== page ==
[INFO] Message received on topic awsiot/demo/sample => and
[INFO] Message received on topic awsiot/demo/sample => embedded
[INFO] Message received on topic awsiot/demo/sample => software
[INFO] Message received on topic awsiot/demo/sample => and
[INFO] Message received on topic awsiot/demo/sample => can
[INFO] Message received on topic awsiot/demo/sample => now
[INFO] Message received on topic awsiot/demo/sample => communicate
[INFO] Message received on topic awsiot/demo/sample => with
[INFO] Message received on topic awsiot/demo/sample => AWS IoT
```

## AWS IoT dashboard
The AWS IoT console provides some tools to monitor the activity on the broker. 
- go in the `Monitor` section of the console to see graphs of successful connections to the broker and statistics on the messaging.
You can also subscribe on a topic through the console in order to see arriving messages from your device: 
- go to `Test`
- in the `Subscription topic` section, indicate the topic to subscribe to, here `awsiot/demo/sample`
- click on `Subscribe to topic`
- when the application is running, you should see messages displayed in the AWS IoT console

# References

- [MicroEJ Developer](https://developer.microej.com)
- [Ivy](https://ant.apache.org/ivy/)
- [AWS console](https://aws.amazon.com/console/)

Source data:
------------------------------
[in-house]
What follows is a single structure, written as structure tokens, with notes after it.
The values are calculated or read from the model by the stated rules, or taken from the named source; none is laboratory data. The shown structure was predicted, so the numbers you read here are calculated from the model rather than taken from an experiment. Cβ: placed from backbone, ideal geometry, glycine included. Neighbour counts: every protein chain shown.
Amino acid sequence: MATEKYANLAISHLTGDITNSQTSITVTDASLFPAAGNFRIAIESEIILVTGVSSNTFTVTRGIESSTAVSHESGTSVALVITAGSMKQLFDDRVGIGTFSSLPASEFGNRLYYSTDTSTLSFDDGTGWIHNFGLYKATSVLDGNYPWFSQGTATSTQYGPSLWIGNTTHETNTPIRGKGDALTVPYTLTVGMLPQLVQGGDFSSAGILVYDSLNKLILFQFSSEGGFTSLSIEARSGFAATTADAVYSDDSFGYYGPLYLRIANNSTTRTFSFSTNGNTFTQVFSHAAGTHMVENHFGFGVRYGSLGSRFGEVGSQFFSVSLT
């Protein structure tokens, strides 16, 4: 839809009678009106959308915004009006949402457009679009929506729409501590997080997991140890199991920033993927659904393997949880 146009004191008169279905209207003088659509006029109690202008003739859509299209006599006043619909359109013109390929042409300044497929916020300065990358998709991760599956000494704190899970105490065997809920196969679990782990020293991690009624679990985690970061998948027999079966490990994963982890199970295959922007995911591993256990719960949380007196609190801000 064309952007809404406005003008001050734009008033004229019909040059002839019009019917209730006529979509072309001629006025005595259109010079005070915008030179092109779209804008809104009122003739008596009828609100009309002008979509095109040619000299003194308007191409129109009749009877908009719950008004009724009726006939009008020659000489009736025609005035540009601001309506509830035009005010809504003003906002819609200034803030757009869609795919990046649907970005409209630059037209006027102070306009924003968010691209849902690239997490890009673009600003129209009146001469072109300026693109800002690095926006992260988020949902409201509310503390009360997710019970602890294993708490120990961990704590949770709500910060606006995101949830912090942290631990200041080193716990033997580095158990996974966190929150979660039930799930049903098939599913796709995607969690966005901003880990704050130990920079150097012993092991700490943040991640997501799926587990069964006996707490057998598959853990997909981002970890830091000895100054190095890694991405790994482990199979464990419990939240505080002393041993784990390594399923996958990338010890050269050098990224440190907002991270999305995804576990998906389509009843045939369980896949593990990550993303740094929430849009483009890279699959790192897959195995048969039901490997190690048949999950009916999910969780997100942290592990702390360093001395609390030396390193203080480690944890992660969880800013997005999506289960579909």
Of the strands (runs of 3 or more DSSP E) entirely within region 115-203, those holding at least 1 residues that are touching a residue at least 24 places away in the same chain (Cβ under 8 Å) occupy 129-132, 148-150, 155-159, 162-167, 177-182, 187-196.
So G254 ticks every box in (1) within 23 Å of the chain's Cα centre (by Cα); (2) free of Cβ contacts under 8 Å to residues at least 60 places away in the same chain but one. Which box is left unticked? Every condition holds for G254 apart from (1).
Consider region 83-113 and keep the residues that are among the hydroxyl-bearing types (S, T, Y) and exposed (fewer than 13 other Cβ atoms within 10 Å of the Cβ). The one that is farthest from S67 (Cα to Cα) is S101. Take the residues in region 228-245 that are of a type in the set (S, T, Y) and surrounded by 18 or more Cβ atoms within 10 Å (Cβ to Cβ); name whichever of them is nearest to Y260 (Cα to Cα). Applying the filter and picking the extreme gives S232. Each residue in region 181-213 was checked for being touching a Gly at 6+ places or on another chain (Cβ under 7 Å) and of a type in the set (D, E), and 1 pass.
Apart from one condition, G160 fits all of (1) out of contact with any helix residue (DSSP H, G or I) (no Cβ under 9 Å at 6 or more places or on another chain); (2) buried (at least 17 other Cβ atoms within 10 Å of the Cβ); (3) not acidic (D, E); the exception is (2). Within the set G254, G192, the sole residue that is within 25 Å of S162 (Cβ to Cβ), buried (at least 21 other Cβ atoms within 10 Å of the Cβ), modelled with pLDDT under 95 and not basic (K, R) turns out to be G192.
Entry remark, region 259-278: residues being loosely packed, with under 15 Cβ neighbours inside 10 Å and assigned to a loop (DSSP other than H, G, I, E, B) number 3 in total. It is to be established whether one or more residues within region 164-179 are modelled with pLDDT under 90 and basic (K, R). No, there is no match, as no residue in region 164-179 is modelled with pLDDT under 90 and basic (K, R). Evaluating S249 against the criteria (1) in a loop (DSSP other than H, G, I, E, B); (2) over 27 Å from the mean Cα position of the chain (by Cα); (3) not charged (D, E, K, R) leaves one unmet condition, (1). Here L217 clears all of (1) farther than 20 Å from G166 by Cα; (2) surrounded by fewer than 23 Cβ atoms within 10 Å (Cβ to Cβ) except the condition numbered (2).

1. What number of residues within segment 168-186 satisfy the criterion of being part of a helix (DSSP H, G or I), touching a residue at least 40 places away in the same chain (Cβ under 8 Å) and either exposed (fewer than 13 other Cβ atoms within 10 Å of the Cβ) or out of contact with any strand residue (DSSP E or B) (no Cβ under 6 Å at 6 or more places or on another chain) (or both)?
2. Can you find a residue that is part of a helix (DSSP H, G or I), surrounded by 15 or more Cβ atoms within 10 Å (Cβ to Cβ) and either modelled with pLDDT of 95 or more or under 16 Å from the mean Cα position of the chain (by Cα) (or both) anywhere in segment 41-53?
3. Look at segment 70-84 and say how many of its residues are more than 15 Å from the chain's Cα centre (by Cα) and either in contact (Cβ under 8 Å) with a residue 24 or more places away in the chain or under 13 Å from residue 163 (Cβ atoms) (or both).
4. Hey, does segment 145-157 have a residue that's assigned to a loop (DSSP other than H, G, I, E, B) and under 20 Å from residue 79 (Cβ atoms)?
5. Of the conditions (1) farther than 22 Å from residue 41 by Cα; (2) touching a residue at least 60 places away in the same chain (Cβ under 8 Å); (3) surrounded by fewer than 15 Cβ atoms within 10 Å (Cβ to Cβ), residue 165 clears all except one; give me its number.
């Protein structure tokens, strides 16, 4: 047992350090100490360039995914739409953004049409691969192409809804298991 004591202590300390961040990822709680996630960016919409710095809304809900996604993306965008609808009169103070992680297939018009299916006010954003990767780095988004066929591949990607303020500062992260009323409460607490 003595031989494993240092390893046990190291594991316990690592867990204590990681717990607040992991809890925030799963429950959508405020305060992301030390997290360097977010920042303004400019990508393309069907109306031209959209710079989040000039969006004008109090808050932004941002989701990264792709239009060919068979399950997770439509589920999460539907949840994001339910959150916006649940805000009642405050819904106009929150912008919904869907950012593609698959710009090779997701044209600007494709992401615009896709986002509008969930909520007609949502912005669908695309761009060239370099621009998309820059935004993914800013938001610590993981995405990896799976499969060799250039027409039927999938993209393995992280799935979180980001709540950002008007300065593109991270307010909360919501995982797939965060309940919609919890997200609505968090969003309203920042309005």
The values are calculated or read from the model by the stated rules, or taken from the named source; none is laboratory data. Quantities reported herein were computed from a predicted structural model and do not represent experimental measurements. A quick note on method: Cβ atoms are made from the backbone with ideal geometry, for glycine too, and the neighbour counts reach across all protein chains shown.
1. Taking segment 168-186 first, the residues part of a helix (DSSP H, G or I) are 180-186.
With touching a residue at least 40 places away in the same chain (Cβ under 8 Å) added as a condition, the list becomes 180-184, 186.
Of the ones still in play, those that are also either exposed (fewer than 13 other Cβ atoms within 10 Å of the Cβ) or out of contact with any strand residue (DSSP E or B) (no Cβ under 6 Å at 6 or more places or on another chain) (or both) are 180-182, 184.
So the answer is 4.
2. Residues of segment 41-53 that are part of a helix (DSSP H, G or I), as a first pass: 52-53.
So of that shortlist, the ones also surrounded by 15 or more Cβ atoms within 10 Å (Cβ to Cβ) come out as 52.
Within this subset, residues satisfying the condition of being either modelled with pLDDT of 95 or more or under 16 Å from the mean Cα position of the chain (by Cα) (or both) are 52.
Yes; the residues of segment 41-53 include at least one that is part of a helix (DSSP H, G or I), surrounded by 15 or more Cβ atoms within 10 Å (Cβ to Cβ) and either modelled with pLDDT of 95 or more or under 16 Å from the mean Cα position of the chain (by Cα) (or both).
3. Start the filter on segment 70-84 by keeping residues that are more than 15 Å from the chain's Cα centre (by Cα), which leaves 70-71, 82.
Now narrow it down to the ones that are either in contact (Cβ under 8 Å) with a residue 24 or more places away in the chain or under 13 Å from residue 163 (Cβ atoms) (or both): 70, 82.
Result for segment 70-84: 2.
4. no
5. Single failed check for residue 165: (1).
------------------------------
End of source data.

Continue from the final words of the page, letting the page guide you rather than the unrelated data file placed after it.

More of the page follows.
- [AWS IoT documentation](https://docs.aws.amazon.com/iot/latest/developerguide/iot-console-signin.html) 
- [OpenSSL](https://www.openssl.org/source/)

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Hoka Example

An example of use of the Hoka HTTP Server.
EXAMPLE for IOT
Supported MicroEJ Version: 4.1
Supported MicroEJ Edition: SDK
Last updated:
23 October 2018
+
# Overview
This example of use of the Hoka HTTP Server sets up a simple HTTP server to display pages or serve resources.

**Basic**

Each time a URL if asked by a client (for example an Internet browser) a match is done between this URL and resource in the src/resources source folder.

For example:

http://localhost/html/index.html serves the Java ressource "/html/index.html"

Moreover a custom behaviour is added when asking for the root of the server. The root URL is mapped to a default resource configured in SimpleHTTPSession.DEFAULT\_ROOT\_RESOURCE.

# Requirements
  - EDC 1.2 or later
  - NET 1.2 or later

# Dependencies
  - HOKA 3.0.0 or later
  
# Source
N.A.

# Restrictions
None.

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	Copyright 2017-2018 IS2T. All rights reserved.
	For demonstration purpose only.
	IS2T PROPRIETARY. Use is subject to license terms.
-->

Hoka

An embedded HTTP server library.
LIBRARY for IOT
Supported MicroEJ Version: 4.1
Supported MicroEJ Edition: Studio & SDK
Last updated:
23 October 2018
+
# Overview

The main Hoka library.

Most of the documentation is available in the Hoka documentation folder.

# Usage
Add the following line to your `module.ivy` or your `ivy.xml`:
> `<dependency org="ej.library.iot" name="hoka" rev="+"/>`
	
# Requirements
  - EDC 1.2 or later
  - NET 1.2 or later

# Dependencies
  - EClasspath Lists 1.0.0 or later.

# Source
N.A.

# Restrictions
None.

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	Copyright 2016-2018 IS2T. All rights reserved.
	IS2T PROPRIETARY/CONFIDENTIAL. Use is subject to license terms.
-->